I have been struggling with this idea. I can only assume that we are discussing a setup where attempting to play at or near reference level with DEQ disengaged would also bottom the sub driver, and running the system at some negative xx dB would be absolutely required. I suppose that DEQ could be turned on while running at -xx, boosting lower frequencies to a higher level than the system can handle. That's the only time I can see this being an issue with that particular aspect of DEQ.
post #60853 of 70911
Quote:
Originally Posted by AustinJerry View Post

This is not intended to be a flame, but any time you have a question, simply enter it into your browser search.  For example, the search for "What is reference level" produced many hits, including this appropriate one from the Audyssey site:

https://audyssey.zendesk.com/entries/73283-Dynamic-EQ-and-Reference-Level
From what I've read the past few weeks there's been many a-discussion regarding Audyssey's leveling and the f-3 etc etc so I wanted to pose my question here to see if everyone holds the same definition of "reference level". Thanks!

ps - if listening at "0db" on the AVR is reference I'll have a hard time ever watching it at that level since with my new AVR and speakers I have a hard time getting higher than -5db since it is very very loud (and I'm one who likes it loud)!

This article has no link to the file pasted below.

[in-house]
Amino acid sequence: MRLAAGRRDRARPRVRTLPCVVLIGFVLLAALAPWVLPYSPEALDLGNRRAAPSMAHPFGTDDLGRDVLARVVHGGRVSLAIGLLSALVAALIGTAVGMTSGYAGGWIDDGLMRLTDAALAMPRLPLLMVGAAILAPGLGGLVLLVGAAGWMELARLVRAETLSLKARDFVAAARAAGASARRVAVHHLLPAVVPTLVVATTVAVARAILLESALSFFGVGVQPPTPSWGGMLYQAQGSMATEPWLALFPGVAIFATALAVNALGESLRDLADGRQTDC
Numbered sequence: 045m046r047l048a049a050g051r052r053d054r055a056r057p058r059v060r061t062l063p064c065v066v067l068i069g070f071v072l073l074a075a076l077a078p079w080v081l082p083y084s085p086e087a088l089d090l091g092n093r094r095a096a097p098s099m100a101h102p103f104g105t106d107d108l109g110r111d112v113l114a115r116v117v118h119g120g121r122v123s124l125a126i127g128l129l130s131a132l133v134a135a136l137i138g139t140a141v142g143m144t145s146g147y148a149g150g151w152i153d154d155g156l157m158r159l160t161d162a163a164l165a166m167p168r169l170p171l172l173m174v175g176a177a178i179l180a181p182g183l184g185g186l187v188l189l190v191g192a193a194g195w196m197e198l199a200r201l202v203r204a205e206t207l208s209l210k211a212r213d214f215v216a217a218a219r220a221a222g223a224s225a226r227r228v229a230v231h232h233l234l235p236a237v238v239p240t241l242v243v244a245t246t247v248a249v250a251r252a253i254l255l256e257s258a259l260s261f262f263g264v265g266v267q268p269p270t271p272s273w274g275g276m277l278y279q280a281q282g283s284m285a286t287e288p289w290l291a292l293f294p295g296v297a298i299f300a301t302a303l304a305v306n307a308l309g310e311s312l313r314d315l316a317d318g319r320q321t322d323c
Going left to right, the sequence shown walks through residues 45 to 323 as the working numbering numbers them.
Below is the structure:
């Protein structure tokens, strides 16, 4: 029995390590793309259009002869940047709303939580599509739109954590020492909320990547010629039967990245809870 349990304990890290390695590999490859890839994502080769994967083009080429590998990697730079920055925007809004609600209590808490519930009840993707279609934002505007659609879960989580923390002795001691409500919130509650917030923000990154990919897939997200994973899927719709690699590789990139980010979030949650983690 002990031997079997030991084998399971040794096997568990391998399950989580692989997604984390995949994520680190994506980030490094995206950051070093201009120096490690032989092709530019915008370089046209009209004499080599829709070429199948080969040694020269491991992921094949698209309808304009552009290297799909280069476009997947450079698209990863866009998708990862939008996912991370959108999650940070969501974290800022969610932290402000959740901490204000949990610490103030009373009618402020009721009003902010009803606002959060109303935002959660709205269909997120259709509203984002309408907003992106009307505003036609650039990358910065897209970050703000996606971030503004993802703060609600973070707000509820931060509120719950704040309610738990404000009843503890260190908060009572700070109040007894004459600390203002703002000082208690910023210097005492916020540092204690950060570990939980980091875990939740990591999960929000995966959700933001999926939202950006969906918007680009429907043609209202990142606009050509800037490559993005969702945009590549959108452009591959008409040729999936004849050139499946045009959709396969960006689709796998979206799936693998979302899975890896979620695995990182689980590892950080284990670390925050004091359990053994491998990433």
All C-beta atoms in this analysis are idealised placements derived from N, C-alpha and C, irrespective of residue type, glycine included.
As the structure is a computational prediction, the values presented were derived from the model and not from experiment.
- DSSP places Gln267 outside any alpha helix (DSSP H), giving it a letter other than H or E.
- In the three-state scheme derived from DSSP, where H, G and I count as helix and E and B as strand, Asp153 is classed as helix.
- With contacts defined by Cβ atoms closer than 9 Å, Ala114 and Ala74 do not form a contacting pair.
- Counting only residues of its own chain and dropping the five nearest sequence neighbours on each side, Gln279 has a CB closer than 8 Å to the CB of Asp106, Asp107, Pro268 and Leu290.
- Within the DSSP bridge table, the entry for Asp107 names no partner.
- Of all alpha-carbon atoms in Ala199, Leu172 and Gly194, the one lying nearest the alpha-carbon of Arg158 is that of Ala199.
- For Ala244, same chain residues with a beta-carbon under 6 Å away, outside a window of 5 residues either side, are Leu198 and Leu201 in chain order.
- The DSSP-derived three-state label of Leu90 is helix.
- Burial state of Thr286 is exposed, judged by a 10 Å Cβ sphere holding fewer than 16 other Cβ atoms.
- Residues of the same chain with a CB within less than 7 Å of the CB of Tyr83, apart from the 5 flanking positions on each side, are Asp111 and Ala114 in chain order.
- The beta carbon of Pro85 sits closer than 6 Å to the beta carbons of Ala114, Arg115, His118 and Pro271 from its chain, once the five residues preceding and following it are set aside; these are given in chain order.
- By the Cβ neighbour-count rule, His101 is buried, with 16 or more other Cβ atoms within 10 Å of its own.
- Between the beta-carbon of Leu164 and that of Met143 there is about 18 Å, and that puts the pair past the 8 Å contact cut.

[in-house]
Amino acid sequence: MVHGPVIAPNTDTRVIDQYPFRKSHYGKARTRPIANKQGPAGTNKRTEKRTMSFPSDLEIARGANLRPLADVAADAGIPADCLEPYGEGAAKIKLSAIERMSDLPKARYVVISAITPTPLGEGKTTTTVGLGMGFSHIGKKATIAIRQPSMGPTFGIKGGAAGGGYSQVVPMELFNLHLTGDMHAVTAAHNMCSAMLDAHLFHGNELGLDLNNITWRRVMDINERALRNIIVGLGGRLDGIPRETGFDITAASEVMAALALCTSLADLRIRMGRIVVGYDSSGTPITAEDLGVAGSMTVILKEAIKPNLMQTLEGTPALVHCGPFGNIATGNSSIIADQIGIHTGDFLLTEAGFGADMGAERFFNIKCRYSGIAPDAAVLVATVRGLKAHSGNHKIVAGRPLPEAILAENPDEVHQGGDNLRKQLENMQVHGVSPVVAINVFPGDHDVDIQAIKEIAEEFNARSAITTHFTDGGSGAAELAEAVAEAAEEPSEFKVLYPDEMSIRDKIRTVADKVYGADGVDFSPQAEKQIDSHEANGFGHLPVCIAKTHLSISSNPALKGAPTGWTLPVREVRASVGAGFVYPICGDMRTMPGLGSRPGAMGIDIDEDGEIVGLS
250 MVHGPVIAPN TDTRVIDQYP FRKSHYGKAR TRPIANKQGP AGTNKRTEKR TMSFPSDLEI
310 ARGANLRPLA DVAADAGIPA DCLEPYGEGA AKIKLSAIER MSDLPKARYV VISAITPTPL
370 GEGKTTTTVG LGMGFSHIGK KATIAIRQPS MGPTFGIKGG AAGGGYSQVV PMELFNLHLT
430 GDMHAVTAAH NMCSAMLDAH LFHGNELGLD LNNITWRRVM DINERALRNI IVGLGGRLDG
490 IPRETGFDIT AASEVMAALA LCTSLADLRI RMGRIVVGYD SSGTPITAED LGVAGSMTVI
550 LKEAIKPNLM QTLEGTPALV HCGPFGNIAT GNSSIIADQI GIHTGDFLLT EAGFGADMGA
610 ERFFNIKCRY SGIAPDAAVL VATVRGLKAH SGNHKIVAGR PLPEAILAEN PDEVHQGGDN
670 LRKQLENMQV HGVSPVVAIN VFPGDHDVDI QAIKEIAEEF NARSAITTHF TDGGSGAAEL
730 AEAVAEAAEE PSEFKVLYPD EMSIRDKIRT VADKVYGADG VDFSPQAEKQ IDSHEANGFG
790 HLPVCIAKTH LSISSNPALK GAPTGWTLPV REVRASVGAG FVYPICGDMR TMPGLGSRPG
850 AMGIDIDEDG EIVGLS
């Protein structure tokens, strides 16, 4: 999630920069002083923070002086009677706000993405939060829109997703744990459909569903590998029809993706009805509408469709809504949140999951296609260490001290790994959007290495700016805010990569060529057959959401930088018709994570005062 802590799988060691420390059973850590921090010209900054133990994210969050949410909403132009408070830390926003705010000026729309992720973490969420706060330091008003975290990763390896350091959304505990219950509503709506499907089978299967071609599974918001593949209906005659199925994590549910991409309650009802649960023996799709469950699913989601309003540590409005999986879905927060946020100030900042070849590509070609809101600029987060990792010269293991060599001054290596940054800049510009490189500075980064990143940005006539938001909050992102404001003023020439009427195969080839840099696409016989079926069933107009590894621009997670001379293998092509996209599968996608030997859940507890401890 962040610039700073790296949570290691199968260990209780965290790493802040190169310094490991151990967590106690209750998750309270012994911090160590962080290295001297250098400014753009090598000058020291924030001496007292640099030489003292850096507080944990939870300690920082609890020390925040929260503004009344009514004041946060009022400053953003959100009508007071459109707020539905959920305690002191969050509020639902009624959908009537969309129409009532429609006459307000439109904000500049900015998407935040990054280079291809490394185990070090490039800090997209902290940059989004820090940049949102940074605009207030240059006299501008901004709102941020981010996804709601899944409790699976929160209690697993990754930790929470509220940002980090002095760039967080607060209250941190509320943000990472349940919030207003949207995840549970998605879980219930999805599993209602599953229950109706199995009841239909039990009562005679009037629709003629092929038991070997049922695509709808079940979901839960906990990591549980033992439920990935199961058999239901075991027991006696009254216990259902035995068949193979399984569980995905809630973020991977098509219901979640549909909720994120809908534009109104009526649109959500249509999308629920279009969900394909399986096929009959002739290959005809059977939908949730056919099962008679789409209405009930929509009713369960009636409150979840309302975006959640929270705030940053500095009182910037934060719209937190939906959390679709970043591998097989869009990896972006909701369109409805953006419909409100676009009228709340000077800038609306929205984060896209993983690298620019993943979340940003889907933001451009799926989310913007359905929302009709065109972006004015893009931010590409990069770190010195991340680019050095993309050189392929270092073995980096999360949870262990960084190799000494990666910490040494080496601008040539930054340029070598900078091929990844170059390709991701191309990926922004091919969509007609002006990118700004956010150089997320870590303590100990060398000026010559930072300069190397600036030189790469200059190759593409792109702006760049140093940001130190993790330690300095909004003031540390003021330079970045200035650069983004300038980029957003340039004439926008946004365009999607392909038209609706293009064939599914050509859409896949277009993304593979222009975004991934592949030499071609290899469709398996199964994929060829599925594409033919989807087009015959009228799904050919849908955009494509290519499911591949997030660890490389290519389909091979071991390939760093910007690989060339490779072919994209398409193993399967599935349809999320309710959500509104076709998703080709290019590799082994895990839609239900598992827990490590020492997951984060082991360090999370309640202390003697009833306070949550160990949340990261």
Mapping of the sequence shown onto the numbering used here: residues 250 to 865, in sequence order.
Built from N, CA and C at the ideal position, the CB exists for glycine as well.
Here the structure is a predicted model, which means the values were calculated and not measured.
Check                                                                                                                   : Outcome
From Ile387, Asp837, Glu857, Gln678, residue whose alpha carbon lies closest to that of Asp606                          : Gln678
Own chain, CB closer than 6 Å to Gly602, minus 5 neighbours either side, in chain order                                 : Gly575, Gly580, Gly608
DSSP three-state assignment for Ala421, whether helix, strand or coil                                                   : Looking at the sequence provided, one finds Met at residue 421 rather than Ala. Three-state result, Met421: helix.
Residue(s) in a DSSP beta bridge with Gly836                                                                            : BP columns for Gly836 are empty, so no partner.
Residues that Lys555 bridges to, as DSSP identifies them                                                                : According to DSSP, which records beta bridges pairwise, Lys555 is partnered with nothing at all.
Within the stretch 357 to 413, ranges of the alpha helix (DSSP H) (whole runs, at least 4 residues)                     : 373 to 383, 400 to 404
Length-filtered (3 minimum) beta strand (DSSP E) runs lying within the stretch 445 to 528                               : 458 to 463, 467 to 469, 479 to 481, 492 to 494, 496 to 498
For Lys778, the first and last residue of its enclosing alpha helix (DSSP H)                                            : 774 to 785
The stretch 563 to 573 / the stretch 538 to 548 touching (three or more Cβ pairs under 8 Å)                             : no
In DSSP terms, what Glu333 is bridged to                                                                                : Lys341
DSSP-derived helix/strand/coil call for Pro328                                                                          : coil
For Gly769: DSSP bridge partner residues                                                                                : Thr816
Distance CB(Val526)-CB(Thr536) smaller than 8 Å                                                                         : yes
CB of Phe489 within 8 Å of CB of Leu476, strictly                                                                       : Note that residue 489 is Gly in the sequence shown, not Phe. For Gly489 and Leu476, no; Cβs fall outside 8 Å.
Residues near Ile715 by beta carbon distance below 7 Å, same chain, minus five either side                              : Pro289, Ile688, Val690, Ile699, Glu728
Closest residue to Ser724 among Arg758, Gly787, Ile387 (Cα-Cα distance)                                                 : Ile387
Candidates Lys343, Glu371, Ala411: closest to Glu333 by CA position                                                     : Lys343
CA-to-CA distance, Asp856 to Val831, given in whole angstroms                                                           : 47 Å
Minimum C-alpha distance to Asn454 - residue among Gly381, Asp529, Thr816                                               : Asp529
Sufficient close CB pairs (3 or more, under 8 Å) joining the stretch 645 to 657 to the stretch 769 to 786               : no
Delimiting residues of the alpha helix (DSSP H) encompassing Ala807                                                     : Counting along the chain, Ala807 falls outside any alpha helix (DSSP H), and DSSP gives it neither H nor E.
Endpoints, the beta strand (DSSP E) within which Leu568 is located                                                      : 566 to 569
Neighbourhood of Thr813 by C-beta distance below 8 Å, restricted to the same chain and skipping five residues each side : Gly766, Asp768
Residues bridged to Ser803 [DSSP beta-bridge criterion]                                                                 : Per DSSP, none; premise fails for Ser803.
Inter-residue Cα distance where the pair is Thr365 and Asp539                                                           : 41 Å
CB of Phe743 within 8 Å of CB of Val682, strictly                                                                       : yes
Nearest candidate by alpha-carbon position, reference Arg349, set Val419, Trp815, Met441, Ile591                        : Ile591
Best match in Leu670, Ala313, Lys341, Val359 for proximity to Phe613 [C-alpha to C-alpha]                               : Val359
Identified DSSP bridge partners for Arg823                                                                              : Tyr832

post #60854 of 70911
I am pretty sure that, for my ears anyway, what a musician's intent was when playing a specific passage does not change how overall volume changes affect my perception of the tonal balance. I'd assume Audyssey assumes that every dynamic change in every movie or piece of music is quite intentional. But it's not trying to make a piano played pianissimo sound like it was played forte. It's trying to make the piano played pianissimo then played back 10 dB below that sound, from a spectral balance perspective, like it would sound if I had my volume turned up so it was actually pianissimo.

Few and far between are the music releases that bear playback at movie reference level. I think it goes against (at least old timers') views of how recording works to put out a music recording that might never touch the top 6 to 10 dB of available dynamic range. It's normal to set the loudest thing at the loudest encodable level (or dang close) whether you're going to digital or to 2 inch tape.

For me (and only for me, obviously) because I tend to listen quietly (I've more than once had sales people tell me it was a good idea to "also audition" a pair of speakers quietly, when I was at my normal levels) I like what DEQ does for me. But because I hate bloated bass, I do the equivalent of RLO (older Denon) with MORE offset than is likely to be necessary in any reasonable playback. Then I get some pleasing re-establishment of the foundation of the music, and avoid bloat. In other words, my system is calibrated to undercorrect rather than overcorrect. For me the best of both worlds, within reason.